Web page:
The month of October is National Cyber Security Awareness Month. During this period, both public and private companies gather to create and spread awareness about attacks and how to stop them. In this article, writerformypaper.com have horror stories of cyber-security that will scare you, or in some cases, make you secure your accounts with strong passwords.
1. The Good Samaritan
Let us say you have installed antivirus in your PC, and suddenly you get a message from Microsoft that you have malware. You call the numbers and explain your troubles. You hit with a $300 worth software that you should buy. You go ahead and give her access to your computer, and minutes later, it confirms your computer is virus-free. Weeks later, a news headline runs about scammers, and that is when you realize that you got scammed.
Criminals have, and continue to exploit people by offering technical support after faking a malware attack, and then charge absurd amounts of fee to do away with it. Microsoft does not provide any numbers on its error messages.
What you can do
Research before installing any software on your phone or computer.
2. Let in the Right One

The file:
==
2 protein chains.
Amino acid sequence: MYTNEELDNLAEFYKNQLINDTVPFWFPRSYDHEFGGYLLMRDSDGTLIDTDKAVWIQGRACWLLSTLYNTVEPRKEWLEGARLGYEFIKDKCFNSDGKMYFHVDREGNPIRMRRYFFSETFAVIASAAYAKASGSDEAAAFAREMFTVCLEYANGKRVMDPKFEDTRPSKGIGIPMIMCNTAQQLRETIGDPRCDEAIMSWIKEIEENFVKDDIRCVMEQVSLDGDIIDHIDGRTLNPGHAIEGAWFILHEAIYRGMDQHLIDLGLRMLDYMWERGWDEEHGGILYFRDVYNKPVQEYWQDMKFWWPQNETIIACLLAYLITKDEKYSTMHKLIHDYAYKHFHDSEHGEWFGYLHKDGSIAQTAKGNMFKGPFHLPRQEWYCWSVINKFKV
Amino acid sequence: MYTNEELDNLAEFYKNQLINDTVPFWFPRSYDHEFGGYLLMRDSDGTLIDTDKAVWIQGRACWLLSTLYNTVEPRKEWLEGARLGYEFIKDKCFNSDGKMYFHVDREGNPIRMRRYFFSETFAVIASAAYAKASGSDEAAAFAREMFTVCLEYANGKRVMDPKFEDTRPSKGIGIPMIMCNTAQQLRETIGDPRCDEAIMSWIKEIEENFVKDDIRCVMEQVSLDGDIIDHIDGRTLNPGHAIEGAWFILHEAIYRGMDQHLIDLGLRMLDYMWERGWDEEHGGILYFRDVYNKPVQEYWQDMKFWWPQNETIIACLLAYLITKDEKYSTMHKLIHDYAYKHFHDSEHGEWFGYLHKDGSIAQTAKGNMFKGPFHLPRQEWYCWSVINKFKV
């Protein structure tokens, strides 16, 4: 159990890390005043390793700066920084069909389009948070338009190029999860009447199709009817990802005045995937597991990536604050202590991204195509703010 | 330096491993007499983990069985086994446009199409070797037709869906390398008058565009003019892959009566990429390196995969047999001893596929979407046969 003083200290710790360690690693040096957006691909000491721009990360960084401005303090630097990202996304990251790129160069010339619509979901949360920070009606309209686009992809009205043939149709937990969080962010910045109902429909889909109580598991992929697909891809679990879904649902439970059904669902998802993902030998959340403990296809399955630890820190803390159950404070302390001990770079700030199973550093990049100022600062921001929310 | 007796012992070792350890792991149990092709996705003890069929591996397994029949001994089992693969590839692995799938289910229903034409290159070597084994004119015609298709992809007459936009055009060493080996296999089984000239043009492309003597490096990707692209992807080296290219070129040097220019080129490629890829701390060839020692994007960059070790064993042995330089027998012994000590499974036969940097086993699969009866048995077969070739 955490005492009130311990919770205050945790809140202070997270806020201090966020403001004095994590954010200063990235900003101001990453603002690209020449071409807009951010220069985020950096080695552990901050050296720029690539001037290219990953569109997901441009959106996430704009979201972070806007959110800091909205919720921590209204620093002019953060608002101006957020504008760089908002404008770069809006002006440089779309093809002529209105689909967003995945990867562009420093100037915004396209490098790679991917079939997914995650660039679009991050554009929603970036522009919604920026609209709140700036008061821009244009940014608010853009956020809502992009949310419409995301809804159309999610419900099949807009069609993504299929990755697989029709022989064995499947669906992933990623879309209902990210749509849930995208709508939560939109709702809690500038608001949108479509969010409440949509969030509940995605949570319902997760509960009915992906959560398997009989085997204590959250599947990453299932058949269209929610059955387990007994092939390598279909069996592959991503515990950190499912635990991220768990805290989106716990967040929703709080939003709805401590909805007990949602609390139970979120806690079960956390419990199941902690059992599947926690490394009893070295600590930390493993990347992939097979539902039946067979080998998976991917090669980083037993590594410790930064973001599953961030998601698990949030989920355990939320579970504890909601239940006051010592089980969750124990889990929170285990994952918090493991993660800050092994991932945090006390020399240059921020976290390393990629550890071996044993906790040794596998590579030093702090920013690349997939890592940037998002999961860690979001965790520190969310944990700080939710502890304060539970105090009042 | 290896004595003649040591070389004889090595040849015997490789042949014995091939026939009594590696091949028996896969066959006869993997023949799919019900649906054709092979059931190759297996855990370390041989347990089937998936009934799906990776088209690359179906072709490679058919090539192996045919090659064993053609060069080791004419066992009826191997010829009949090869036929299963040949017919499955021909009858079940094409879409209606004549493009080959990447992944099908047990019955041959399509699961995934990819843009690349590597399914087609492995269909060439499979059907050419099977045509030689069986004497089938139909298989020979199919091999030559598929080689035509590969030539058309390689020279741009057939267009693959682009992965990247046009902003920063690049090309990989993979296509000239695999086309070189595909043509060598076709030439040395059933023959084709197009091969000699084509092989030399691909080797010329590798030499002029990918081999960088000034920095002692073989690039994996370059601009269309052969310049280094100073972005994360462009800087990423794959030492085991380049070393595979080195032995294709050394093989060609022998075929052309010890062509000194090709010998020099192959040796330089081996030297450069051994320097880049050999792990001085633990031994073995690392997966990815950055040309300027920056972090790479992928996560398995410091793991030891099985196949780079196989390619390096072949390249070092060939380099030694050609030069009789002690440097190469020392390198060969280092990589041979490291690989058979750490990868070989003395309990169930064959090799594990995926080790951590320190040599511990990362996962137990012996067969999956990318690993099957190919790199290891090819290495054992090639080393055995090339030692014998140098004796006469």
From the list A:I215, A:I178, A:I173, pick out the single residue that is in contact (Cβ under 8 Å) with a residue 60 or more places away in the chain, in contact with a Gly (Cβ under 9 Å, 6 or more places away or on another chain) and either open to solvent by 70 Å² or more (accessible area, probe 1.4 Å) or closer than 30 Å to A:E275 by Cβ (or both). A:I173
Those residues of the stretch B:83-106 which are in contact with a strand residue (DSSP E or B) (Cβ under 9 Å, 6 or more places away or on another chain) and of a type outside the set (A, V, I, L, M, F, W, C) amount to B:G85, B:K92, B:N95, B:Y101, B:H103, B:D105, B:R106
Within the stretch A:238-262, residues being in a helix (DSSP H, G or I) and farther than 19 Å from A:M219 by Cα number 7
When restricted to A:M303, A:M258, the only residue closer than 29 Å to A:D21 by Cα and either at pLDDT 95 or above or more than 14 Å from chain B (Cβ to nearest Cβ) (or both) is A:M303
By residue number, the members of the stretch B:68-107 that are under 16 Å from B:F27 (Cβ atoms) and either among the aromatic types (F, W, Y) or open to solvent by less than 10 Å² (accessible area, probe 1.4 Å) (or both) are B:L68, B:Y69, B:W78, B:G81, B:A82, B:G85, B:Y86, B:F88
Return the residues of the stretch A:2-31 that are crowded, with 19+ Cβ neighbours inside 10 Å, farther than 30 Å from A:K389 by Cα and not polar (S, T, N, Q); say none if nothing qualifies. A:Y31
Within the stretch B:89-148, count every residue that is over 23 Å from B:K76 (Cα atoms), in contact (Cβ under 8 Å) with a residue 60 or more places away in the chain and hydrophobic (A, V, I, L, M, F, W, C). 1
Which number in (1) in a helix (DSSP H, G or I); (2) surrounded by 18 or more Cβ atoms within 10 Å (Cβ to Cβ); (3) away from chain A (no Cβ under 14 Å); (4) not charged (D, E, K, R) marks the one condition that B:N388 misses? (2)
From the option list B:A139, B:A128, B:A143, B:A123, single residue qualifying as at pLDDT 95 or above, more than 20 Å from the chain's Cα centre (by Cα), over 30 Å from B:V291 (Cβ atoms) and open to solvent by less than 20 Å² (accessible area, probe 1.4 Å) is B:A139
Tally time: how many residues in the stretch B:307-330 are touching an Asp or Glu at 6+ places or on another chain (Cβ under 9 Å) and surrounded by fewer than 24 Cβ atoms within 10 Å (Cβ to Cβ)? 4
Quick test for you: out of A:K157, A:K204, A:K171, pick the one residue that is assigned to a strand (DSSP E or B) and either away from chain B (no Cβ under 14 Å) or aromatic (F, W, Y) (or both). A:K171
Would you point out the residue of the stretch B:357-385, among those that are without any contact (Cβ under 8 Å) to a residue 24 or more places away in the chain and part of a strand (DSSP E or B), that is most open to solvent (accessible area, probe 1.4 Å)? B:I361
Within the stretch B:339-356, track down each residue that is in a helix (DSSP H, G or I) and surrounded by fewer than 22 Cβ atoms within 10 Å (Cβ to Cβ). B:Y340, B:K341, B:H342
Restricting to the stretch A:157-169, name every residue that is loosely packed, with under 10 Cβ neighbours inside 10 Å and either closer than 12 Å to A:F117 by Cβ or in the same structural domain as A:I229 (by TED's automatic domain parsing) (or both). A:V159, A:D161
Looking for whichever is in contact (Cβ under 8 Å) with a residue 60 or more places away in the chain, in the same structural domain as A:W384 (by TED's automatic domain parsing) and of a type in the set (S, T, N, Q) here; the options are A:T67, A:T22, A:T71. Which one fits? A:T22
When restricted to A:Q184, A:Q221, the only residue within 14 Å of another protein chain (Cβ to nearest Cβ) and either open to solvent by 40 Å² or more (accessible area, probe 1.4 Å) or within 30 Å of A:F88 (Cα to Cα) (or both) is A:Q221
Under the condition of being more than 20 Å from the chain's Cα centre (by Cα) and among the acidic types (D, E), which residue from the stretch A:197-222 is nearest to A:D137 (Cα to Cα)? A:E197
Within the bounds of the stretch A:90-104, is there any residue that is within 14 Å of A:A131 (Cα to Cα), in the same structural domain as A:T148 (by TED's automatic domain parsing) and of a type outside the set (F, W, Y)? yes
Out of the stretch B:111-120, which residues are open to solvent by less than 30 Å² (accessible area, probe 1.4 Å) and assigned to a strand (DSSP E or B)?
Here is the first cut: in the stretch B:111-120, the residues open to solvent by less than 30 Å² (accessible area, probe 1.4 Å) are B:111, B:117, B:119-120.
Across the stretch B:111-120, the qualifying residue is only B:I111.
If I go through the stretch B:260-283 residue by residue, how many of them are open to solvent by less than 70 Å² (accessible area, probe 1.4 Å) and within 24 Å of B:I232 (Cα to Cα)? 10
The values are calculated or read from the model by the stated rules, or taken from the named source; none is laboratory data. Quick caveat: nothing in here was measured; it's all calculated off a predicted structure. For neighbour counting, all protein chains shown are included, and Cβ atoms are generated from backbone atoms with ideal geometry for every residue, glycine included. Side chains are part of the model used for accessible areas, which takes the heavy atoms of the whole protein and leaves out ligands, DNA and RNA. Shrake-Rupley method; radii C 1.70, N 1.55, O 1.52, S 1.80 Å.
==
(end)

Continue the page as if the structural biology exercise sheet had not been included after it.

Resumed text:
You are head of supplies in a company that deals in buying and reselling of products. Your job is to make sure products move smoothly. You get an email from a company you regularly operate with, saying they have received a wholesome amount of money but are not sure what you ordered. They need your account info for confirmation. You hurriedly scan the invoice and send them an email with payment information so, they sort it out. They respond quickly and assure you. A few weeks in and you get a call from a complaining client about an order that never reached the destination. That is when you realize you have exposed your org's network by opening the email with your account information.
Scammers send copy-cat invoices and ask for clarification on products or goods. Registration of similar domains helps them work this out. They then send documents with backdoors. They can then send an email for an urgent swap in bank details on behalf of the mother company. Once the money goes out, it is hard to retrieve it.
What you can do
Always double-check the sender's email spelling before opening. If you think your PC is compromised, shut it down with immediate effect.
3. Destruction of Digital Life
You suddenly see your phone shut down. On opening it, it brings a setup display similar to the one it had when you first bought it. You probably think it’s normal, but then it asks you for your Gmail pin, which is weird since you never put pins as passwords on Gmail. Before you know it, all your Google accounts have gone, including your social media accounts.
Destruction of digital life has happened to many people, including journalists. Their twitter accounts hacked and messages sent to everyone on their contact list.
What you can do
Have two-step verification. It connects your accounts to a phone number such that whenever you log in to a new gadget, you will verify with a code sent to your mobile number. Two-step verification also sends you an email to let you know the time and location of the log. Remember to back up all your stuff.